US & Canada

US surveillance foiled 50 plots, says spy chief Alexander

National Security Agency director Gen Keith Alexander on Capitol Hill in Washington on 18 June 2013
It was the NSA chief's second visit to Congress since the snooping programmes emerged

The head of America's electronic spying agency has told Congress surveillance programmes leaked by Edward Snowden helped thwart 50 attacks since 2001.

Army General Keith Alexander, director of the National Security Agency (NSA), told the House intelligence committee the snooping operations were critical.

Plans to attack the New York Stock Exchange were among those foiled, the panel heard.

Meanwhile, Mr Snowden's father urged his son not to commit "treason".

It was Gen Alexander's second public appearance before Congress since the internet and telephone surveillance programmes were exposed this month.

Snowden to face 'justice'

"In recent years these programmes, together with other intelligence, have protected the US and our allies from terrorist threats across the globe to include helping prevent potential terrorist events over 50 times since 9/11," he said.

Ten of those plots had been intended for the US, the panel heard.

Sean Joyce, deputy FBI director, told the committee one of the cases had involved a "nascent" plot to bomb the New York Stock Exchange.

Mr Joyce said a tip from the NSA had led the FBI to arrest Khalid Ouazzani of Kansas City, Missouri, on conspiracy charges.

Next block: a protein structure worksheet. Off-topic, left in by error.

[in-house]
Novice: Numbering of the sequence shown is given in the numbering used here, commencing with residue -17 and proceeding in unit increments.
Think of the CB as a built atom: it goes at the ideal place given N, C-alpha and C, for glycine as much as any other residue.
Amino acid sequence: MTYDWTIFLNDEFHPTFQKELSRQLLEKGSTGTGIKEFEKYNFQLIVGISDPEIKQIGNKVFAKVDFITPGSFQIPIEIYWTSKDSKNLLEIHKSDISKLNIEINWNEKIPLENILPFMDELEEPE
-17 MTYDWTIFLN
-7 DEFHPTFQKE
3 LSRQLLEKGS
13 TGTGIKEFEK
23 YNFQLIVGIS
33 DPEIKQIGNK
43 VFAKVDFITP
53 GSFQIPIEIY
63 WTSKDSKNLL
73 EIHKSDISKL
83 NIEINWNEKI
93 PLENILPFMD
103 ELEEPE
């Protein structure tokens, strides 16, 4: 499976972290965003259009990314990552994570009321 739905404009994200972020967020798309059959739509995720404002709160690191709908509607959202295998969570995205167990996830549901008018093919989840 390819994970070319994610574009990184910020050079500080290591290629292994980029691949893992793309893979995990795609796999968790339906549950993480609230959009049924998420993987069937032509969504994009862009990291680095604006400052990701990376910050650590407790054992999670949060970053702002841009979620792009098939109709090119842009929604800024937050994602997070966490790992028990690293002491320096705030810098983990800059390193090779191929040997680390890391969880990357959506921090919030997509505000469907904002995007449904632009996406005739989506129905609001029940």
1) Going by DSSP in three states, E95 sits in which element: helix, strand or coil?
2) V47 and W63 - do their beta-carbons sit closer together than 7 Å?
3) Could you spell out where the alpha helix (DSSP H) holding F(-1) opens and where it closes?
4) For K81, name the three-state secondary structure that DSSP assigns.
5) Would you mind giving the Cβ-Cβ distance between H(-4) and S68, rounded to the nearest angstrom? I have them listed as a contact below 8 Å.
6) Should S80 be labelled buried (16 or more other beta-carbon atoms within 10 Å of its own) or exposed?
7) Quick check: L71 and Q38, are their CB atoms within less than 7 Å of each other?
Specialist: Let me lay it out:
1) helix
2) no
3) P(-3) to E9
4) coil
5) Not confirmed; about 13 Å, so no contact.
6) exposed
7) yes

Ouazzani admitted in a federal court in 2010 plotting to provide material support to a terrorist organisation, but he was not charged with the alleged stock exchange plot.

Mr Joyce also said the surveillance had been essential to disrupting the 2009 conspiracy to bomb the New York City subway, resulting in the capture of that plot's mastermind, Najibullah Zazi.

Asked what was next for Mr Snowden, Mr Joyce said simply: "Justice."

The former NSA contractor fled to Hong Kong shortly before the scandal broke. His leaks revealed that US agencies had systematically gathered vast amounts of phone and web data.

On Tuesday, Google challenged the US government's gagging order on its internet surveillance programme, citing a constitutional right to free speech.

The web firm asked the secretive US Foreign Intelligence Surveillance Court to allow it to publish the number of government requests in the name of national security for data about its customers.

Tech firms including Microsoft, Facebook, Apple and Yahoo have released limited information about the number of surveillance requests they receive.

But they are currently not allowed to show the split in numbers between requests related to national security and to criminal investigations.

Meanwhile, Mr Snowden's father, Lon Snowden, said in an interview with Fox News: "I hope, I pray and ask that you will not release any secrets that could constitute treason."

He urged his son to come home and "face justice".

Edward Snowden has vowed to fight any extradition attempts by the US.